Dumb Starbucks: Funny, yes. But is it legal?
Dumb Starbucks made a smash debut in Los Angeles over the weekend, until it was shut down by the county health department for its undocumented (permit) status. A tangle of legal issues persists.
LOS ANGELES — A legal tempest is brewing in the Starbucks teapot as it became clear late Monday that the Dumb Starbucks pop-up store that appeared in Los Angeles over the weekend was not the real thing but a parody produced by a Comedy Central TV host, Nathan Fielder.
Starbucks is mulling over a response, according to an e-mail to the Monitor from a Starbucks spokesperson – presumably vetted by its, um, barristers. “We are evaluating next steps and while we appreciate the humor, they cannot use our name, which is a protected trademark,” the e-mail says.
The brew-ha-ha, as the Los Angeles Times dubbed it, began on Feb. 7, when a tweet from @dumbstarbucks announced the arrival of the dumb Starbucks store at 1802 Hillhurst in Los Feliz, a L.A. suburb. Inside, the menu offered tasty treats such as "Dumb Espresso” and "Dumb Frappuccino.”
A Starbucks acolyte could be forgiven for having questions, as the venue appears to be nearly identical to a regular Starbucks hangout, with two exceptions: The word Dumb appears before all the product names, including mock CDs and the size names for the venti, tall, and grande drinks. And, of course, all the products were being given away for free.
Then there was the FAQs posted in the shop explaining that Dumb Starbucks was protected as a parody, similar to allowing "Weird Al" Yankovic to use Michael Jackson's "Beat It."
But in Mr. Fiedler's case, Dumb Starbucks was promptly shuttered by the L.A. County Health Department on Monday evening for not obtaining proper permits.
Fielder acknowledges this lapse, but insists that Dumb Starbucks is a legitimate parody, protected by the laws that govern a work of art, not a coffee shop. According to a letter from Fielder, this is an art gallery and "The 'coffee' you're buying is considered the art.”
Meanwhile, Comedy Central’s parent company, Viacom, weighed in with The Hollywood Reporter on Tuesday, affirming that “the episode relating to 'Dumb Starbucks' constitutes protected free expression. Viacom takes intellectual property rights seriously, and also recognizes the important constitutional protection afforded to expressive works characterized by social commentary."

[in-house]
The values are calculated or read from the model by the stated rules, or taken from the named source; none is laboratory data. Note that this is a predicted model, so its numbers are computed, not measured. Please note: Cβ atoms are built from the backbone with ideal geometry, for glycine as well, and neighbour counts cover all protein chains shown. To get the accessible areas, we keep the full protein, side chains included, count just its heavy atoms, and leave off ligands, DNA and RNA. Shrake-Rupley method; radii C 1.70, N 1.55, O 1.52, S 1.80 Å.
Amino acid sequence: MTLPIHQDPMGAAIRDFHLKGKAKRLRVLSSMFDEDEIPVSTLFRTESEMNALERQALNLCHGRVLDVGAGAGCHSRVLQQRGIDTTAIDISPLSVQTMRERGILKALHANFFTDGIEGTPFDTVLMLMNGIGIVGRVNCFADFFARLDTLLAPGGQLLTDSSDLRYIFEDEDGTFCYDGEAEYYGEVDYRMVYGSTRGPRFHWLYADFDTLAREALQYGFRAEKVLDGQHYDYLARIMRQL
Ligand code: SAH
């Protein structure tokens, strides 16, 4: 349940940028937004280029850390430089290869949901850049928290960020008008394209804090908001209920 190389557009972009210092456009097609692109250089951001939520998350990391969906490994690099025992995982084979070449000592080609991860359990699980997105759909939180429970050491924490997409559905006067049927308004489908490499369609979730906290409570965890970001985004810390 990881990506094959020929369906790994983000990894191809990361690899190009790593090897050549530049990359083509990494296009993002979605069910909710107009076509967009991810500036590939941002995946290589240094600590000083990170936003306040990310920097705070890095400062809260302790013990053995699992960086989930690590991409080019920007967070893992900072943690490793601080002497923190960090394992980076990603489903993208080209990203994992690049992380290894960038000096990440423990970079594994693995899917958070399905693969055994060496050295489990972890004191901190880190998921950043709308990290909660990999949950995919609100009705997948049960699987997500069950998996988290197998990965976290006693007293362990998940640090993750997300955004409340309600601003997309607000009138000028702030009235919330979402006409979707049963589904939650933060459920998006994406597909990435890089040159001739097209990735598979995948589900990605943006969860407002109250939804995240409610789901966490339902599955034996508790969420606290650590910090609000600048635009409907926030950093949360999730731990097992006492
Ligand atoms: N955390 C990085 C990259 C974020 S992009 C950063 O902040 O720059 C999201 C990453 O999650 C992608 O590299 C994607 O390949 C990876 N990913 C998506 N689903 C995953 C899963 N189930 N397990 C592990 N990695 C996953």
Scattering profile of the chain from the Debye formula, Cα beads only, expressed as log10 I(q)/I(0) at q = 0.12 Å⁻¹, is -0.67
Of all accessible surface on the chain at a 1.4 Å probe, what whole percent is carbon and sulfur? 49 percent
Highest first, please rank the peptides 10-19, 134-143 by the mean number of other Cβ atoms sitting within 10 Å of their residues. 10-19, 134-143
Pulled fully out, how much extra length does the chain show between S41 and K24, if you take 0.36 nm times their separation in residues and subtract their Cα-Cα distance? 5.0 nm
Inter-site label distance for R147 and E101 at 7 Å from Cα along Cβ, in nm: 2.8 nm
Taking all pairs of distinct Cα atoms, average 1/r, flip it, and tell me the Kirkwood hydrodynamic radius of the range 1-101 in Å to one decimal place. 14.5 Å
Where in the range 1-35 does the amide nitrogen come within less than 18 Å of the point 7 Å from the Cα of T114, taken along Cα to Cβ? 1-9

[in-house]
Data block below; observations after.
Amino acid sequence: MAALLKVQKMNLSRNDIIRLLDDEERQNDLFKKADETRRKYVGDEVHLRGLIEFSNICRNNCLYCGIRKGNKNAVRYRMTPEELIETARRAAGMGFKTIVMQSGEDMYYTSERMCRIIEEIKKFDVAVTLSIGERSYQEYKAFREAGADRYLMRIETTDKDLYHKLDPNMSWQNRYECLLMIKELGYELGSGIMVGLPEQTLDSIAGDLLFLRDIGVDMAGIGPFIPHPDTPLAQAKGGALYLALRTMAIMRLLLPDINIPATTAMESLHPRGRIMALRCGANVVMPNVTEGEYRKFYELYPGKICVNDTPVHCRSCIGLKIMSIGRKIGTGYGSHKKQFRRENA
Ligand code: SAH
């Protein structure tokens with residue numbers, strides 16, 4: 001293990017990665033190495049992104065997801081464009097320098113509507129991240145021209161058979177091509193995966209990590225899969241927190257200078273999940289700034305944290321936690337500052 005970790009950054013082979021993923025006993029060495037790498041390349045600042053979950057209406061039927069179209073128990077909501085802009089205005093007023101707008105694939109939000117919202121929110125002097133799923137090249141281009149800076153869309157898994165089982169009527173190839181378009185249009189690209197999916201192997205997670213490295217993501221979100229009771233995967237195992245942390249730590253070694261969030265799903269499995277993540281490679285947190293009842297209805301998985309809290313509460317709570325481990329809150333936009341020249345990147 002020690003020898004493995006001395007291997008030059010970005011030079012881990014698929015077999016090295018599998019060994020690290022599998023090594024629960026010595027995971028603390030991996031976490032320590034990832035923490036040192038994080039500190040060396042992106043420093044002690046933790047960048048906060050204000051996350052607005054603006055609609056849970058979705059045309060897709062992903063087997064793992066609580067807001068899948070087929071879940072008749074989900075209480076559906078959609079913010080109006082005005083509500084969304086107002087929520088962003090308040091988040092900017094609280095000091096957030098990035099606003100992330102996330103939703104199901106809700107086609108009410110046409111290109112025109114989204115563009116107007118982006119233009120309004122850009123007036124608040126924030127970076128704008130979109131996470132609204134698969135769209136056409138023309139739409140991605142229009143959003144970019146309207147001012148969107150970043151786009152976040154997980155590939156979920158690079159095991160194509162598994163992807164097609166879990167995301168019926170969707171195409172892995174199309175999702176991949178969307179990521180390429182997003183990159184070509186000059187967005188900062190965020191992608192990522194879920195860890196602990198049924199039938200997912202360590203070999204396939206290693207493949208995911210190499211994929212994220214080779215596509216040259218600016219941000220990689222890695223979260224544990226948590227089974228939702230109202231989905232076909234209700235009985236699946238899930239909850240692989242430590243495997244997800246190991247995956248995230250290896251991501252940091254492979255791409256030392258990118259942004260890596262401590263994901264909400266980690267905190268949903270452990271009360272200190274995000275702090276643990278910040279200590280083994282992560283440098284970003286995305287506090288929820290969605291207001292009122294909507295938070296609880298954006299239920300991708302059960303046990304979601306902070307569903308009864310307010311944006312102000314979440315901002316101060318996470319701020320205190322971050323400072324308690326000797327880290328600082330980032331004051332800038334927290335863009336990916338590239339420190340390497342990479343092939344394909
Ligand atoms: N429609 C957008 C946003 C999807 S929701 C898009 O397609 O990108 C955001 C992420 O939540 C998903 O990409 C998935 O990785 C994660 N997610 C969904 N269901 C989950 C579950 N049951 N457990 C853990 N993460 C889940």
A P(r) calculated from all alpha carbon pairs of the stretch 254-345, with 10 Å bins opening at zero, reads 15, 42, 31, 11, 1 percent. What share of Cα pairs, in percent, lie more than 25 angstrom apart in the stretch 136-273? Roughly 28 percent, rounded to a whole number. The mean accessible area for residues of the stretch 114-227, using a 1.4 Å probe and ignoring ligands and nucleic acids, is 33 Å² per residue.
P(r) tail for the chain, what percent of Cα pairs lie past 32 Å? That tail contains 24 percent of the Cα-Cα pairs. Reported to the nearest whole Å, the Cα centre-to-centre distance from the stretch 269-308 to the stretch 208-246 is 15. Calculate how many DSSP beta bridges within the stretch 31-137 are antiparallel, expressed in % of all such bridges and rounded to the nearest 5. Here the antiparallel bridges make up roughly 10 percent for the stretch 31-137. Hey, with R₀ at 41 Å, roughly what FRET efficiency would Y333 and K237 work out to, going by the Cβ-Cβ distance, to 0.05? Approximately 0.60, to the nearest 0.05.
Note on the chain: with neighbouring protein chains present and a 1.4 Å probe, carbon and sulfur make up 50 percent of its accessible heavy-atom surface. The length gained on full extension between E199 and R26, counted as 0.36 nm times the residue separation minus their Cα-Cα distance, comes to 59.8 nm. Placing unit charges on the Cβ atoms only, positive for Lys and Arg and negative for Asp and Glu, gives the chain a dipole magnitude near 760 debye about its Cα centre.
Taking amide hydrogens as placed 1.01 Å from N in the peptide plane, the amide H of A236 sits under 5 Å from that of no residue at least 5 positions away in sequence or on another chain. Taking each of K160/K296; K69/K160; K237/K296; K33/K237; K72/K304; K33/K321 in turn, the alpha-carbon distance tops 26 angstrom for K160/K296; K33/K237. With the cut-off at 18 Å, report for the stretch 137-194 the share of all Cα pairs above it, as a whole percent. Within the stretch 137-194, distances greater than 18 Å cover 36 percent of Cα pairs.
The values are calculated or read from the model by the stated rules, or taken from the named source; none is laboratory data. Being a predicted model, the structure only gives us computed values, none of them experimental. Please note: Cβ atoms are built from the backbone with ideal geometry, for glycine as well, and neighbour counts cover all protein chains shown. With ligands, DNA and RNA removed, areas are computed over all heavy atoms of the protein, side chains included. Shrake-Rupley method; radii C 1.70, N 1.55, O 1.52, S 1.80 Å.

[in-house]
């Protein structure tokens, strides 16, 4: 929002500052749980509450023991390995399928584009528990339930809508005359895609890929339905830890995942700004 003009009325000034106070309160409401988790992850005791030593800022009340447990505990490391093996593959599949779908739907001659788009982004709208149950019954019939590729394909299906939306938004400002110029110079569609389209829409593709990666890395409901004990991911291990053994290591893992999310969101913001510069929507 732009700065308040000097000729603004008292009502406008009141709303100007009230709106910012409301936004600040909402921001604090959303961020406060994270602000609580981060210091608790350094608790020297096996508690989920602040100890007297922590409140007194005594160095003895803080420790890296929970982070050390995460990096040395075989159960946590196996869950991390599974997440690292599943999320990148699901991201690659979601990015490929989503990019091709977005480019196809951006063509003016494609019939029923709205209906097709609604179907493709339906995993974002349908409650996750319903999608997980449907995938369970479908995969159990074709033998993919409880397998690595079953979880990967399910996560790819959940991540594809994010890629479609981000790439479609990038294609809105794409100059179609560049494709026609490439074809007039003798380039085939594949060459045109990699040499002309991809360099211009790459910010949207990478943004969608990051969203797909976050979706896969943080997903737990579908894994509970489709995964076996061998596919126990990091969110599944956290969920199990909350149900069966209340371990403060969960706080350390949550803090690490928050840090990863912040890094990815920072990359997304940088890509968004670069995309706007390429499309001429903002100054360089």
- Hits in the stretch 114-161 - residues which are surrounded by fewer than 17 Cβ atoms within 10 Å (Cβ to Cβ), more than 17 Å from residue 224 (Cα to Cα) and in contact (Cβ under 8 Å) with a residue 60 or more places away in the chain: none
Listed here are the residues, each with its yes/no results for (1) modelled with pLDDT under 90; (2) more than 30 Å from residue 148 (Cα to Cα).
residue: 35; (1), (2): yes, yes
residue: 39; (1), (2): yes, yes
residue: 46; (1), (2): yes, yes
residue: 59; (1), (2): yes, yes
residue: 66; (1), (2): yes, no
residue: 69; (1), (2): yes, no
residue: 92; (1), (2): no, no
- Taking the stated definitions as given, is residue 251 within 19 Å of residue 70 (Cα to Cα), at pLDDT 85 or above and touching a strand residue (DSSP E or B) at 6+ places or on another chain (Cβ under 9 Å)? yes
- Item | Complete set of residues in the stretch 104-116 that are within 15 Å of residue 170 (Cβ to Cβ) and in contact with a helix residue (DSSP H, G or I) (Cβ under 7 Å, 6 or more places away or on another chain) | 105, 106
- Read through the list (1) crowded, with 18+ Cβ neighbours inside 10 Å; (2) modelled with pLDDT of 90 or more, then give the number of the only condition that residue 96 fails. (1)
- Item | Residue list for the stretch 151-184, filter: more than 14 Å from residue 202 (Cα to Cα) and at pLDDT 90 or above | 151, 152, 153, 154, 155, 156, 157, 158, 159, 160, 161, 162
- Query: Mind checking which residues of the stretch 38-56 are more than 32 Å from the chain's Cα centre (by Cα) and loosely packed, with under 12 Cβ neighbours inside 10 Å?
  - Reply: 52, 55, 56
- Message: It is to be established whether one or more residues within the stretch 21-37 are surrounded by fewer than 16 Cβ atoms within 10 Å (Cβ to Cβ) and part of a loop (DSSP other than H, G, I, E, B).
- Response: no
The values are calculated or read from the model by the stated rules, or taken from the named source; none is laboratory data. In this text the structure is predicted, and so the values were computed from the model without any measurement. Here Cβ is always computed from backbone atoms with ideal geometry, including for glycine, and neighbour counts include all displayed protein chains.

Lawyers who specialize in trademark and copyright issues say legal precedents on the issue are mixed. The primary focus of trademark law is to protect consumers from confusion; copyright law, by contrast, protects authors of creative works, says Jeffrey Kobulnick, an attorney with the firm Ezra Brutzkus Gubner in Los Angeles. As the Starbucks logo design is protectable under both trademark and copyright law, both come into play, he says.
“The big question on the trademark side is whether customers are likely to be confused about whether the Dumb Starbucks is affiliated with the real thing,” he adds. "It will probably be viewed as legitimate parody," because the Starbucks brand is so well-known.that consumers are likely to recognize that this is a spoof on the trademark and not the real thing.
However, “the law also protects famous [trade]marks against dilution,” says lawyer Sean O’Hara, who specializes in intellectual property litigation. Even if there’s no likelihood that anyone thinks that Dumb Starbucks is associated with Starbucks, he says, “Starbucks can argue that its mark is so famous that it risks losing its identifying power if everyone can spoof it in nonconfusing uses.”
The case raises important questions, says attorney Randy Friedberg of New York, because satire and parody can communicate important ideas in an accessible and identifiable way. “We need to care because it is a First Amendment issue, and the First Amendment sets forth one of our most fundamental and important rights,” he says, via e-mail.
But to qualify as satire, “the commentary has to be transformative of the original work," he adds. "You cannot simply use the Starbucks name or logo without transforming it in some way and using it to make some point.”
That said, it could be argued that at least one element of the Starbucks brand was transformed and perhaps even diluted in the Dumb Starbucks debut: The coffee that Fielder handed out came from what he says was the best that Ralph’s, a local grocery store chain, was brewing that day.